Wednesday, 29 February 2012

What's in a word?

It is perhaps too early to attempt to analyse the events of yesterday, where 20 people are reported to have died in a violent disturbance in Kargilik/Yecheng. Detailed and reliable reports are yet to emerge from the area, and it would seem foolish to attempt a full dissection of what precisely occurred and why.

However, there is a stand-out feature of the reports that have emerged; the immediate labelling of the Uyghur individuals involved as 'terrorists.' This is a common response by the Chinese authorities when dealing with high-profile incidents involving Uyghurs, be they violent or non-violent, and be they instigated by Uyghurs or not. The words 'terrorists' and 'separatists' are used interchangeably to mean the same thing, and are seemingly used to decry any Uyghur individual who engages in activism of any kind.

The effect of this is obvious. Very simply, the labelling of individuals as 'terrorists' allows the Chinese authorities to treat them as such. The Copenhagen School's theory of securitization posits that 'security' is merely a speech act; that is, by describing something as a security issue, it necessarily becomes one. By labelling Uyghur individuals as 'terrorists', the Chinese authorities seek and are granted legitimation to enact the liberty-limiting policies which they so clearly pursue in Xinjiang, in order to preserve the 'security' which is threatened.

A simple linguistic trick it may be, but it is a trick which the Chinese authorities use time and again in order to behave as they do in Xinjiang.

Tuesday, 14 February 2012

The Uyghurs: Who they are and why they matter

In the remote far west of China, in an oft-forgotten region fringed by mountains and desert, reside a group of people who unsettle the Chinese state perhaps more than most; the Uyghurs of Xinjiang. Speaking a Turkic language, practising Islam, and with a culture entirely distinct from that of the Han Chinese, they fit uncomfortably into the 'Harmonious Society' which the residents of Zhongnanhai have done so much to promote in recent years.

Largely ignored by the international community, the Uyghurs face, even in a Chinese context, daily and systematic human rights abuses, mostly committed in the name of 'preserving national security.' Protecting 'national security' is cited as the justification behind acts such as denying the Uyghurs the right to fast during Ramadan, the destruction of mosques, and the summary detention and disappearance of prominent Uyghurs.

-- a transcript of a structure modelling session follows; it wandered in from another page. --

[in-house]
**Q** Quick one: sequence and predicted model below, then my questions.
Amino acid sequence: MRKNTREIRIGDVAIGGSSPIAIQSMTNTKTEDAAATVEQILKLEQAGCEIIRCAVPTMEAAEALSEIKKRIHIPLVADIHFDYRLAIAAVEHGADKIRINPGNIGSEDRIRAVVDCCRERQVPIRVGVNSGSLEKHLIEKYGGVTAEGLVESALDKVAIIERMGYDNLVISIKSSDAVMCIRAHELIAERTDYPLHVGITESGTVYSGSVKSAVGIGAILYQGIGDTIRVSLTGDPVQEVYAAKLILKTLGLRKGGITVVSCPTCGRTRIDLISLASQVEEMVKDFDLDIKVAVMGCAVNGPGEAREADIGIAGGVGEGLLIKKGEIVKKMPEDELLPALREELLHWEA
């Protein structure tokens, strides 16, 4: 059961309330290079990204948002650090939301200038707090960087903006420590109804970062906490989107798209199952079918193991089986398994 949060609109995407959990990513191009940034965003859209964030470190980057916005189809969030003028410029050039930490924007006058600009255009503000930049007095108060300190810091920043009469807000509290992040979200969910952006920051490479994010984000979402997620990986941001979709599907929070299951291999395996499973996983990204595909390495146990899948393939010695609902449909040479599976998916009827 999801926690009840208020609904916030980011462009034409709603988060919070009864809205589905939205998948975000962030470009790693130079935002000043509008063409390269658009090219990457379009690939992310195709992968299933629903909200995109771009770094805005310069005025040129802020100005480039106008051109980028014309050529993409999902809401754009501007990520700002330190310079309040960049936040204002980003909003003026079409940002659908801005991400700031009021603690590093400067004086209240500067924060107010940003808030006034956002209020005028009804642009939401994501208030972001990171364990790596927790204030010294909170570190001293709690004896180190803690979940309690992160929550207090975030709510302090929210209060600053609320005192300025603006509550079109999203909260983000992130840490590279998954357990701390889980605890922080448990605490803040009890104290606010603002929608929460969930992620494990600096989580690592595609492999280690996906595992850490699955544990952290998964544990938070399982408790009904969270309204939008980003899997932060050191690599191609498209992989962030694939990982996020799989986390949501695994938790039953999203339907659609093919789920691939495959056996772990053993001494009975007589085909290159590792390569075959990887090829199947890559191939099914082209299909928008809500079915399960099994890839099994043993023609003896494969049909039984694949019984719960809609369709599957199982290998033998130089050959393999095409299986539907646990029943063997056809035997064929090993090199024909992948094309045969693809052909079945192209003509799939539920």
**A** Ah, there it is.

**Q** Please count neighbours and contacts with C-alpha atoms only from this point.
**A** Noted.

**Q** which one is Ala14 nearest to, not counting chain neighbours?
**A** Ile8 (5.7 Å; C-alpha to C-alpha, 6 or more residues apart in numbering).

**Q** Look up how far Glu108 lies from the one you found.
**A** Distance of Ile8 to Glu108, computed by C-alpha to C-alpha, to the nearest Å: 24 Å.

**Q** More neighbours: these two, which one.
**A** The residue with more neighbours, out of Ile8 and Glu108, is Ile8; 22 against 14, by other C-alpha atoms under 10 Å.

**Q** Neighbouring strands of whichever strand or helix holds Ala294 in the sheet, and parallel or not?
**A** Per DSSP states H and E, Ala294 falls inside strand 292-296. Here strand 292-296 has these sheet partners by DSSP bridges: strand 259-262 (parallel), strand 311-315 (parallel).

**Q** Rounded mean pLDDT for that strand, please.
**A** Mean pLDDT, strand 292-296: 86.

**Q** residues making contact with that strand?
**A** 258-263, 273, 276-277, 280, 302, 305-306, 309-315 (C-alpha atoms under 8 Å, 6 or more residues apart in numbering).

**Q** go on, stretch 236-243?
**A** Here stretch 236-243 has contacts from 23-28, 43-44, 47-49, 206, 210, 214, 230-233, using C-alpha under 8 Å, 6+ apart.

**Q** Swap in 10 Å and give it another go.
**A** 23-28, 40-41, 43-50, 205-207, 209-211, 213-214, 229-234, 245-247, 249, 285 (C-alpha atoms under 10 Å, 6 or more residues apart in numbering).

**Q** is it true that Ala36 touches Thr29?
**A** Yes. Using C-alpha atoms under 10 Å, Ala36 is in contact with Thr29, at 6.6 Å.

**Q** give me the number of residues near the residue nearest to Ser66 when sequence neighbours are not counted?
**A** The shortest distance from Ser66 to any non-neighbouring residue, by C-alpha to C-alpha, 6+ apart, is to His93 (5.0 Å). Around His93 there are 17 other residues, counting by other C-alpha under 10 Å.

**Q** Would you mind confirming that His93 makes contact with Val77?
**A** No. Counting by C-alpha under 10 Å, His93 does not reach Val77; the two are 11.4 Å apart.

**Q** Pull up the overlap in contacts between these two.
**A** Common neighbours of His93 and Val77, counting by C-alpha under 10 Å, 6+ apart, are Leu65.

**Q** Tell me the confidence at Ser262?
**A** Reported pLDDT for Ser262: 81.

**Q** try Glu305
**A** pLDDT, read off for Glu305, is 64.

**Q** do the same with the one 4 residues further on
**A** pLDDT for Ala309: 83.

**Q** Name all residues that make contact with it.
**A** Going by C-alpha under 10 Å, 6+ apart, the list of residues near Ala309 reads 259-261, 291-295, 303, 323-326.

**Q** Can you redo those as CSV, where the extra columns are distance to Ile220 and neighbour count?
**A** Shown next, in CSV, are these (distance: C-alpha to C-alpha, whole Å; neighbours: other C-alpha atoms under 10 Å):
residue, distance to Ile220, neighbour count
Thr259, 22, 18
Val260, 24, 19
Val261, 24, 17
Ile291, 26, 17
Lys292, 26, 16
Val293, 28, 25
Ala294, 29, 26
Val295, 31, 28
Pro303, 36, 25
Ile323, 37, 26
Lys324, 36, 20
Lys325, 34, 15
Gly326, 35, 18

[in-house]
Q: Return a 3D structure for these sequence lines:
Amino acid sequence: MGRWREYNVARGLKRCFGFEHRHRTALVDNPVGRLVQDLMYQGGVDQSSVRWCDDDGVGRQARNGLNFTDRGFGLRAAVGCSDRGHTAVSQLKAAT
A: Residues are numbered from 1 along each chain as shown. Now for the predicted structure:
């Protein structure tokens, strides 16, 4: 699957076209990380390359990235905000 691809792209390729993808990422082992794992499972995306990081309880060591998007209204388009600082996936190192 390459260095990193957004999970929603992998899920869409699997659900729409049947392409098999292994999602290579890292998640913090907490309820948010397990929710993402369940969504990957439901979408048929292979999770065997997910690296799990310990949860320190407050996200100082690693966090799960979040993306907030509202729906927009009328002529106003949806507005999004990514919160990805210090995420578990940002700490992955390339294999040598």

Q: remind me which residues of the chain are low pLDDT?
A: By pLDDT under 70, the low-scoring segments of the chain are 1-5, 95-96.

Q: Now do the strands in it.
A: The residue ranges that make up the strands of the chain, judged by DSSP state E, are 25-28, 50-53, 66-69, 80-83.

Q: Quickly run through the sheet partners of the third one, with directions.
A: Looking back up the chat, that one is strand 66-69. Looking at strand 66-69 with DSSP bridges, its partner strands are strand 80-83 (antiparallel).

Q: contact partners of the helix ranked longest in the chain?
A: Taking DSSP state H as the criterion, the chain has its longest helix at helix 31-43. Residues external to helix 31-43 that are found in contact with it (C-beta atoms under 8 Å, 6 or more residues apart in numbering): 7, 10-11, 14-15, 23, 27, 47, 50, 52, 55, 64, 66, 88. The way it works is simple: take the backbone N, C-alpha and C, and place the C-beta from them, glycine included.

The average income of Han Chinese settlers in Xinjiang is four times higher than that of Uyghurs, Uyghur individuals are statistically more likely to be at risk from the death penalty than other Chinese, and hundreds of Uyghurs have died as a result of torture whilst in state hands in recent years. When added to language and education policies which clearly seek to dilute and, in the long-term, eradicate the Uyghur identity and culture, it is clear that the Uyghurs face an uncertain and insecure existence. But why is it that the Chinese government are so fearful of them? What have they got to fear from a group who comprise a mere 0.66% of the total Chinese population?

The answer lies with history. The foundation stone upon which the Communist Party of China's historical legitimacy is based is its ability, post-1949, to maintain a united China; one in which previously porous borders are secure and in which areas of land which had previously been lost were, and remain, firmly in Chinese hands. Manchuria was freed of foreign occupiers, as were the port cities of Tianjin, Qingdao, Shanghai and others. Xinjiang was incorporated into the People's Republic in 1949, and Tibet followed in 1951. In the subsequent 61 years, China's borders have been secure and it has stayed, despite severe pressure and tumultuous domestic political circumstances, a unified state. Relative stability has been achieved; a significant success in a country which had witnessed such violent political upheaval in the pre-1949 period.

If stability and unity is the key to the CCP's ongoing public support, then any sign of secession or even the growing popularity or awareness of alternative identities poses a huge threat to its credibility and ability to maintain the hegemonic political power which it currently possesses. The Uyghurs, then, with their highly distinct identity and culture, and with a growing sense of autonomy and determination, potentially pose a danger to the very legitimacy of the CCP; a danger which, if allowed to become an actuality, could perhaps pose a bigger threat to the CCP than any other.

If we are looking then, as Western observers are prone to do, at the long-term viability of the Communist Party of China, then perhaps it is not, as is often the case, to economic growth rates that we should look, but to the villages, towns and cities of Xinjiang where Uyghurs, by expressing in even stronger terms their desire for self-determination, have the potential to strike what could be a fatal blow for the CCP; one which would undermine its very legitimacy and one which could set the in motion a process of fundamental political reform